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Kathy Acker: Don Quixote
It’s not difficult to guess which work Acker is plagiarising/deconstructing/feminising in this novel and, indeed, she does have fun making it a feminist novel. The need for love has been apparent in many of her other works. Janey in Blood and Guts in High School, for example, is always seeking love – from her father, the slave trader Linker, her various rough trade boyfriends and, finally, from the gay Jean Genet. She dies when she finally realises she cannot find it. The Don Quixote of this novel conceives of the most insane idea that any woman can think of. Which is to love. She starts out in an abortion clinic in London and has her abortion and then becomes Don Quixote. Her Sancho Panza is St. Simeon, a talking dog. But she realises that her quest to find love is not going to be easy, particularly in a world where the discourse about love is primarily defined by men.
But this is not just about Cervantes. The second part of the book moves onto St Petersburg, with references to Bely‘s St Petersburg and then on to Lampedusa‘s Il gattopardo (The Leopard). In both the role of women is, of course, key but she also focuses on memory, pain and death. The next part is highly critical of the United States’ role in imposing their own capitalist principles on the rest of the world, for their own benefit, before getting back to literature, this time in the form of Wedekind‘s Lulu and her control by men.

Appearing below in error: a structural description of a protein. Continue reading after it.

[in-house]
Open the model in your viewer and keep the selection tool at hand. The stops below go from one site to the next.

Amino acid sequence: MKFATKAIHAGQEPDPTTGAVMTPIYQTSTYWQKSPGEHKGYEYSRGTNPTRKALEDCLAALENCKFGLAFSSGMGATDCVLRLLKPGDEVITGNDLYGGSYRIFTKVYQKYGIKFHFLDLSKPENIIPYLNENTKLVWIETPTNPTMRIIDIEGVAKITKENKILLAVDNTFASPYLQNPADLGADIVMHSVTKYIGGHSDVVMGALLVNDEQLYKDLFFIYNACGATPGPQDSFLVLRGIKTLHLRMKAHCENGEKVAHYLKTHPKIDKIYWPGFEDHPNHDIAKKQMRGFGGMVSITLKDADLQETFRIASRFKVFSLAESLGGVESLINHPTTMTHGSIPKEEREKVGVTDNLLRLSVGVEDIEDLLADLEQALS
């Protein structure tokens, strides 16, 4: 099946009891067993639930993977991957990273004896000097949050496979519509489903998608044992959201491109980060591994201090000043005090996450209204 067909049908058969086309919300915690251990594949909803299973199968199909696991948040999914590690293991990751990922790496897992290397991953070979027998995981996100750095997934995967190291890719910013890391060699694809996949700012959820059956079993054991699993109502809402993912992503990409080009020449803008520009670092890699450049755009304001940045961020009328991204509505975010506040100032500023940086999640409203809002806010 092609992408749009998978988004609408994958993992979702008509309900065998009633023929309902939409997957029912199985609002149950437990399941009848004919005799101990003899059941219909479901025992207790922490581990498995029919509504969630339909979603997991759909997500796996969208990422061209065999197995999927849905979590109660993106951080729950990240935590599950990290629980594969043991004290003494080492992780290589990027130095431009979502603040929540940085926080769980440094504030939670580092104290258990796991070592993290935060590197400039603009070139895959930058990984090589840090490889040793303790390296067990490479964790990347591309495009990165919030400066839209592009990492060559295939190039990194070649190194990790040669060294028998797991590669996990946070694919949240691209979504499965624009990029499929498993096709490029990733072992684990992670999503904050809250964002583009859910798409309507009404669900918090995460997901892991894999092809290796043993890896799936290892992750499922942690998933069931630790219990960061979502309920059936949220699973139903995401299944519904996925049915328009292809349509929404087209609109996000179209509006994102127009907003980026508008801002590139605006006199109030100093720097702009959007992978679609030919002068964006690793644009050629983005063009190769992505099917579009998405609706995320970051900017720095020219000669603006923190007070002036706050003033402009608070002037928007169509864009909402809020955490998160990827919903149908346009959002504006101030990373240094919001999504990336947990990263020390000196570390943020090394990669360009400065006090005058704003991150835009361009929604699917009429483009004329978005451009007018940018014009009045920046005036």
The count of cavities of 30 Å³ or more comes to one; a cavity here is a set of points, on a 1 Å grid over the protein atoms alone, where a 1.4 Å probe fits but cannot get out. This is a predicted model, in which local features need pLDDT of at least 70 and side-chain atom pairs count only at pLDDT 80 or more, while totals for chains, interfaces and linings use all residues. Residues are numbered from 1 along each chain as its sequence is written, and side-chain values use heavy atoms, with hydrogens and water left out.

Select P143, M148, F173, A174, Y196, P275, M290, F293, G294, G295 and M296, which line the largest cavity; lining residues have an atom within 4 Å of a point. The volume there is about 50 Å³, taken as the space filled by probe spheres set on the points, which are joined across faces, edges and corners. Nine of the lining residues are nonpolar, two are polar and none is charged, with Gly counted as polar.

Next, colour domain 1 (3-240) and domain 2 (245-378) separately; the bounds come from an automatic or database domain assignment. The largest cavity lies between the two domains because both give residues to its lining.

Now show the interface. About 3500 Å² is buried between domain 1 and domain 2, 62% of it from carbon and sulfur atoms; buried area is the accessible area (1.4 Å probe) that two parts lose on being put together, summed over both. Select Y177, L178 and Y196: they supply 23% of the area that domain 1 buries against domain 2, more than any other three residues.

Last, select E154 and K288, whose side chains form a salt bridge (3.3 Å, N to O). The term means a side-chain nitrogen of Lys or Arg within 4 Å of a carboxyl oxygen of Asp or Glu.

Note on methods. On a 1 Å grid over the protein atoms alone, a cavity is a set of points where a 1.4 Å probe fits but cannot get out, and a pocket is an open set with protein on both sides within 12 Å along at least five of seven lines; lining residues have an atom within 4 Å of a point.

We then get back to Don Quixote who is after two evil dogs, Richard Nixon and Henry Kissinger. She uses this part to discourse on government control and freedom. Other dogs appear with their own specific issues. The dogs become pirates, Don Quixote dies but, fortunately, so does God, leaving humans to make their own decisions. Once again, her work was savaged by traditional critics, for being naïve, banal and random. Indeed, it is all of these but what Acker continues to do here is explore both the role of women in a male-dominated world and to subvert traditional, primarily masculine texts. It might not be good story-telling but it is good politics.
First published 1986 by Grove Press